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Home » Popular Markets » Commodities » Wheat prices have more to go as Ukraine war intensifies

Wheat prices are spiralling out of control as the conflict in Ukraine takes an ever-nastier turn. Since the start of the year Chicago-traded CBOT wheat futures nearly doubled to $11.34 a bushel from $6.02 and will continue to rise as the conflict disrupts exports from the world’s two top grain exporting countries.

Russia and Ukraine account for over a quarter of the total global wheat exports, which are mainly being shipped to Europe and the Middle East, and to a lesser extent China. Russia alone makes up roughly 18% of the global wheat exports. Although Russia’s exports to China make up only a small fraction of the country’s total wheat exports, China is already negotiating prices down in exchange for its support, or at least the absence of condemnation, of Russia’s invasion of Ukraine.

Aneeka Gupta, Director, Macroeconomic Research at WisdomTree noted The wheat market continues to remain tight owing to the escalation of the war between Russia and Ukraine. This week wheat prices have surged 40% as there appears to be no end in sight to the ongoing supply disruptions emanating from the war in Ukraine.

Ukraine will have deep impact on global wheat supply picture

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Over the last week, apart from Kyiv and cities in the north of Ukraine, Russia has also been attacking Ukraine’s south, using Crimea as the launch pad for its offensive. It has already taken over at least one key port and laid siege to another as it makes its relentless way along the Black Sea coast.

Looking at the line of Russia’s attacks the country seems set to completely take over the south of Ukraine, linking up its positions around Mariupol, a port in the southeast, with Crimea, and extending them all the way to Odessa in the southwest, thus cutting off Ukraine’s access to its Black Sea ports and maritime export routes. Ukraine has two harvests per year, the first in June and July and the second one later in the winter. Even if there is a wheat harvest in Ukraine this year, which seems highly unlikely, Ukraine may not be in the position to ship the wheat to any of its clients.

At the same time international sanctions are taking a bite out of Russian wheat supplies as banking and financing restrictions are making it hard for global buyers to buy Russian wheat.

This will mostly affect Egypt and other Middle Eastern countries which depend on Russia and Ukraine for their grain supplies. Middle Eastern countries will struggle to cope with much higher wheat prices because low domestic GDP means that the man on the street will not be able to afford wheat at twice the price.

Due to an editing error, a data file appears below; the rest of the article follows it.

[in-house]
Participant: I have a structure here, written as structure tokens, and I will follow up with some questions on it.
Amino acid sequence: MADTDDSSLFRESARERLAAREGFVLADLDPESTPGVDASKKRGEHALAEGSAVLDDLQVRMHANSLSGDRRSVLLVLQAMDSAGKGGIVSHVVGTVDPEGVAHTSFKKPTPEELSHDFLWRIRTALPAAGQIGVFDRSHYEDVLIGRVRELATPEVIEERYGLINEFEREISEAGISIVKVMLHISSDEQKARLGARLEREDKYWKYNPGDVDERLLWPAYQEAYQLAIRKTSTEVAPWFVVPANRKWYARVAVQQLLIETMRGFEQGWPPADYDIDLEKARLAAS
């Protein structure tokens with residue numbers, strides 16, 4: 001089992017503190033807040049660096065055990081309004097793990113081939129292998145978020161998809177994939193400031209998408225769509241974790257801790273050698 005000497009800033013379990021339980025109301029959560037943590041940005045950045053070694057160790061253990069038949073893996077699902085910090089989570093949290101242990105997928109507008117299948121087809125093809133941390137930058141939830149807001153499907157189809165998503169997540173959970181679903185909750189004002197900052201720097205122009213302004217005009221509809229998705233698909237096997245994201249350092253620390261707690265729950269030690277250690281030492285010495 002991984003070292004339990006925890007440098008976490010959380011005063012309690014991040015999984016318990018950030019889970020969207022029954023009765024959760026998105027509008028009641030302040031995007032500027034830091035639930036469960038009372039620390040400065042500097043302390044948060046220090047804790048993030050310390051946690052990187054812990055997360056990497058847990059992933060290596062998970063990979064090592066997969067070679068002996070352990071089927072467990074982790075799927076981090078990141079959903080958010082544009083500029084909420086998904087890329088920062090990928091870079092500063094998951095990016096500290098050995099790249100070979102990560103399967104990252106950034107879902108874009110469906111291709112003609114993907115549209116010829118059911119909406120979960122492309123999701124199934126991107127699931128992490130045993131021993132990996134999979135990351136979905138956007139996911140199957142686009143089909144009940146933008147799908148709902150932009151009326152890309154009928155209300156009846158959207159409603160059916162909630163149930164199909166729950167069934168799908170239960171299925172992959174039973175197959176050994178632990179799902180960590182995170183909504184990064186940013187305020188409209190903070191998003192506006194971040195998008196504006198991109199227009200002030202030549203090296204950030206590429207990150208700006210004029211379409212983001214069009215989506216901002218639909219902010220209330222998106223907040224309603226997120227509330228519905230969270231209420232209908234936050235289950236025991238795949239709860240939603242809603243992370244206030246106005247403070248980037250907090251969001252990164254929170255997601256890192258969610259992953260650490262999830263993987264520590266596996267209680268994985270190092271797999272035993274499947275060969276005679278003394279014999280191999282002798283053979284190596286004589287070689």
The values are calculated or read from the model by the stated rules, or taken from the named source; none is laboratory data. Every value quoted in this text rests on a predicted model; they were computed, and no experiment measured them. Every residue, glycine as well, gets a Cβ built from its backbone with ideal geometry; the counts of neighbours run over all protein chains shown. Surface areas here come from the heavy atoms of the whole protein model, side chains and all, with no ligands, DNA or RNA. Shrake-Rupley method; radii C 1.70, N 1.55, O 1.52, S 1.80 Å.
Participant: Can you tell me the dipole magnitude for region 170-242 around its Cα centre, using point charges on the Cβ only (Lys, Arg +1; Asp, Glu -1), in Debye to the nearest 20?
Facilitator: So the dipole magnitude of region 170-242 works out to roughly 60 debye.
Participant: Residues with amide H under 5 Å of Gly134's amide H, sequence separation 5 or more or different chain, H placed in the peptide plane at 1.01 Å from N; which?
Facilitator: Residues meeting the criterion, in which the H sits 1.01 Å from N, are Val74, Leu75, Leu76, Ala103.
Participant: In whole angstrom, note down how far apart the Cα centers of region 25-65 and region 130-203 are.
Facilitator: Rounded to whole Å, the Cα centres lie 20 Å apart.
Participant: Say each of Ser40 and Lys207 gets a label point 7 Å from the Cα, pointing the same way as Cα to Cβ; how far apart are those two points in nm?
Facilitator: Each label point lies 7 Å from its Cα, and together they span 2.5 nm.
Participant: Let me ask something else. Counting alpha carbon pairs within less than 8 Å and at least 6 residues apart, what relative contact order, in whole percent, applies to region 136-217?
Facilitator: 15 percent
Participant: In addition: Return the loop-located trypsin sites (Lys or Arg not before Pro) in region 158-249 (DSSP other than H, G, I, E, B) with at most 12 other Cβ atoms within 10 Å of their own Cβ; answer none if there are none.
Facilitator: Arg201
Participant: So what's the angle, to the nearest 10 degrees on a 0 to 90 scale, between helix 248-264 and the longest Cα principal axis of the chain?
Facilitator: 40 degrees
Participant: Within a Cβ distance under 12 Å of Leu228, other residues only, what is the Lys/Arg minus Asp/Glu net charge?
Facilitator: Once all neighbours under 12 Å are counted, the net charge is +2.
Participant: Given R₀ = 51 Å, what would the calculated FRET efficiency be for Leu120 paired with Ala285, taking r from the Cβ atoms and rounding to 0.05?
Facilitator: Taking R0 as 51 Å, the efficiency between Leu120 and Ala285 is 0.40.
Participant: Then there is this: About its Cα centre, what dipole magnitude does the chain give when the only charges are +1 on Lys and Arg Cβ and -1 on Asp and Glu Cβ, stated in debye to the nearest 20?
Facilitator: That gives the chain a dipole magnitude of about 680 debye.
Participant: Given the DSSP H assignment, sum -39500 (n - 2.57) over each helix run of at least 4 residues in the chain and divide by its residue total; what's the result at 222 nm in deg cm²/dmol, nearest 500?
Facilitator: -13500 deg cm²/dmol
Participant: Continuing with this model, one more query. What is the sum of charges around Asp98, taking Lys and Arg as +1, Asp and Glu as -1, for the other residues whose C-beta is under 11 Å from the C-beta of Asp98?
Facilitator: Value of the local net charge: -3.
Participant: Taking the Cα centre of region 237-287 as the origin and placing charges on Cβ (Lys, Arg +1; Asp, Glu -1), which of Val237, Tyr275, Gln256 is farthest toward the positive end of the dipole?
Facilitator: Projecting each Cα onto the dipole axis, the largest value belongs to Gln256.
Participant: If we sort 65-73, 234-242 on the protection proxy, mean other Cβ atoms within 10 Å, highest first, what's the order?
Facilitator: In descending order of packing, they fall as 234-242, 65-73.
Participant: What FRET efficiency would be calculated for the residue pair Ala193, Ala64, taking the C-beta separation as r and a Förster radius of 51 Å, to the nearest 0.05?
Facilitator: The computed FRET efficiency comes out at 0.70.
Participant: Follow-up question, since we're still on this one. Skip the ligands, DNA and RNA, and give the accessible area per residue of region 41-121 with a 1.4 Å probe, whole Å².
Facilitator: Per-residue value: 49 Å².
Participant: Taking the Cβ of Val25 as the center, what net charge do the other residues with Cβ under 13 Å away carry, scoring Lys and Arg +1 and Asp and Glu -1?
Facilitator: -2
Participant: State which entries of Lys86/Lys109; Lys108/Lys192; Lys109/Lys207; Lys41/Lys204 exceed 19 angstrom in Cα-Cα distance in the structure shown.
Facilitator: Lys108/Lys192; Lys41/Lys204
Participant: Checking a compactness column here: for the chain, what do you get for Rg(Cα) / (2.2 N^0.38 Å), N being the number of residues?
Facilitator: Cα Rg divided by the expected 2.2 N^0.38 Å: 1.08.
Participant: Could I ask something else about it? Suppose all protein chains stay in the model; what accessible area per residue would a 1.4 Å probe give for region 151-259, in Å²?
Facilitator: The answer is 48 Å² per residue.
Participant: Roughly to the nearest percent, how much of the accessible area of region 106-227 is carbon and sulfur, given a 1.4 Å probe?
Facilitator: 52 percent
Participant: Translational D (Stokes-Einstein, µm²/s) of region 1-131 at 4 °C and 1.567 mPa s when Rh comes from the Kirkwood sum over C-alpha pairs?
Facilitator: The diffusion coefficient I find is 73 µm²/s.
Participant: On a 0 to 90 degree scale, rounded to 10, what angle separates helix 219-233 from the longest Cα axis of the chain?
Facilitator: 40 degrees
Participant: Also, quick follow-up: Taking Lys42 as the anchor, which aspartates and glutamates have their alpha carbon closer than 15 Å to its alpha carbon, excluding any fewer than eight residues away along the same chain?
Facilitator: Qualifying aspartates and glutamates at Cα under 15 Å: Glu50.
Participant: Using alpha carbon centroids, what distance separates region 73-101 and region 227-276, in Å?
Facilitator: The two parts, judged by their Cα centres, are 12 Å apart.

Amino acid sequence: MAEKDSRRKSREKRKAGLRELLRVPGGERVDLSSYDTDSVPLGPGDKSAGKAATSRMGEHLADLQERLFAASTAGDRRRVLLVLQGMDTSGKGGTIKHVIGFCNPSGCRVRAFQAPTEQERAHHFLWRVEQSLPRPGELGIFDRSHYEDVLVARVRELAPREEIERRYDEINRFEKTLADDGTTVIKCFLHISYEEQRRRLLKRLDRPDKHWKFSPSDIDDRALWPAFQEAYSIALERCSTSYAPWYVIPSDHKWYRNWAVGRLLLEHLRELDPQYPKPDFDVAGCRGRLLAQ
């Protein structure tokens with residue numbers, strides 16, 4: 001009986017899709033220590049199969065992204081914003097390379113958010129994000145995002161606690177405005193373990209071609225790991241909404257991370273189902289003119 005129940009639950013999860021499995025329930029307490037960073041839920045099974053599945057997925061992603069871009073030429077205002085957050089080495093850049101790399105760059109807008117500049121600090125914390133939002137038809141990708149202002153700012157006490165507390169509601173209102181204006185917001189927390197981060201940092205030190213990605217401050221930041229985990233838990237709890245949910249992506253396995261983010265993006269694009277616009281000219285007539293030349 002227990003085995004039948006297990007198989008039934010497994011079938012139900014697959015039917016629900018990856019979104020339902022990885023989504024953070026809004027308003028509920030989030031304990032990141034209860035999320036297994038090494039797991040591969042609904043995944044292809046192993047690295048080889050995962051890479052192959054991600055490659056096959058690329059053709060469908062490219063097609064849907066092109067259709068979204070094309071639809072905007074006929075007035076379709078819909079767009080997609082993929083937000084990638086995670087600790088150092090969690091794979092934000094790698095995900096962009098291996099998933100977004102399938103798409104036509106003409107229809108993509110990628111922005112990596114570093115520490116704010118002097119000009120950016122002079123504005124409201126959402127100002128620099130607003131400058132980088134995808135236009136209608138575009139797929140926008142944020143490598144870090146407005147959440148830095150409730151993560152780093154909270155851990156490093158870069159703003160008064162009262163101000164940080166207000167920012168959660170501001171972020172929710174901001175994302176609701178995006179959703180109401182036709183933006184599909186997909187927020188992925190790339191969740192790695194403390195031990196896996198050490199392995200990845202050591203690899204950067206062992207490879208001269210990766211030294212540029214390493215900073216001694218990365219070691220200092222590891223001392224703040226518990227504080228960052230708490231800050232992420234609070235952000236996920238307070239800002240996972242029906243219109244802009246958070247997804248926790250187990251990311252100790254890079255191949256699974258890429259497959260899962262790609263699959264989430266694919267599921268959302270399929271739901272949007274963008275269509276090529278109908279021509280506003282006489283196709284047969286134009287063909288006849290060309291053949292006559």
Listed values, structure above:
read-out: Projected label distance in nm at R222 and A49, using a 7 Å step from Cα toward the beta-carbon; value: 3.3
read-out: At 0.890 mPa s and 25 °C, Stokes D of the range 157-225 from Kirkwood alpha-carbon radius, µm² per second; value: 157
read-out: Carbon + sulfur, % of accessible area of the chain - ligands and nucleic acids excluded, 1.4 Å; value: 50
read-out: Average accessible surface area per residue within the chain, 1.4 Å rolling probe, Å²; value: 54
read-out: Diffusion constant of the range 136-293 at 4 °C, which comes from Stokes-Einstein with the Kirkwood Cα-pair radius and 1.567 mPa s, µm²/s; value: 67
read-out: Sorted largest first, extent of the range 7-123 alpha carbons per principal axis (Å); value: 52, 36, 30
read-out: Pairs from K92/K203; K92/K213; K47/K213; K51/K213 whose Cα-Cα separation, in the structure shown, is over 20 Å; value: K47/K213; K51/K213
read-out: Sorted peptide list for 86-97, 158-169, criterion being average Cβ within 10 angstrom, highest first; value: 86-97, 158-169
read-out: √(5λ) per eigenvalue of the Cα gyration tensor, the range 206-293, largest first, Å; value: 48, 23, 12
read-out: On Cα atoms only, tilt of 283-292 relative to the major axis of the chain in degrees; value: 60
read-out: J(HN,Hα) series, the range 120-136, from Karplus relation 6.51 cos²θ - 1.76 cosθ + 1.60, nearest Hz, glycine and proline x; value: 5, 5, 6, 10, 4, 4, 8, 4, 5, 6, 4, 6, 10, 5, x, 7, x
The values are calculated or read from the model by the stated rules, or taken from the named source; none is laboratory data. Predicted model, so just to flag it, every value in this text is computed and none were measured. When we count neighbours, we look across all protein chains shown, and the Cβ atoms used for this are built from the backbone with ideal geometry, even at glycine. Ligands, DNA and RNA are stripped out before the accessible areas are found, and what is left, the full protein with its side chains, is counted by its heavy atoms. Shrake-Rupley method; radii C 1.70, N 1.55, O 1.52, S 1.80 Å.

American farming can’t currently fill the gap

In the past such a rally has sparked widespread local protests across the region and has led to political instability. Egypt currently has enough wheat supplies for the next four months but plans to increase its own planting by an additional two million acres of wheat to compensate for the expected loss of imports. But even with the additional planting Egypt will only be able to provide for half of its wheat requirement. The pressure on Egypt’s government is rising to subsidise the ever-more expensive wheat imports and to also look at importing from other countries.

Looking at other wheat exporters such as the EU, the US, Canada and Argentina, they now account for just one-fifth of the global wheat inventories which at current consumption would last for less than a month. With global inventories at such a low level wheat is set for a major supply shock.

Rising wheat prices are also lending a tailwind to corn. Corn is also partly affected by the war in Ukraine as a fifth of the world’s corn exports come from the Black Sea region. According to the International Grains Council (IGC) Ukraine should export 32.5mn tons of corn this year. The ongoing escalation in the war could also make it more difficult to plant this years crop, added Gupta.

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Product NameISINExchange TickerListing Currency
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WisdomTree Wheat
Hargreaves Lansdown | Interactive Investor | AJ Bell Youinvest | Charles Stanley Direct | EQi
GB00B15KY765WEATUSD

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Please note this article does not constitute investment advice. Investors are encouraged to do their own research beforehand or consult a professional advisor.

Stuart Fieldhouse

Stuart Fieldhouse

Stuart Fieldhouse has spent 25 years in journalism and marketing, including as a wealth management editor for the Financial Times group, covering capital markets and international private banking, and as an investment banking correspondent for Euromoney in Hong Kong. He was the founder editor of The Hedge Fund Journal.

Stuart has worked at CMC Markets, supporting the re-launch of its global financial spread betting and CFD trading platforms. He is also the author of two books on trading, published by Financial Times Pearson. Based in The Armchair Trader’s London office, Stuart continues to advise fund managers, private banks, family offices and other financial institutions.

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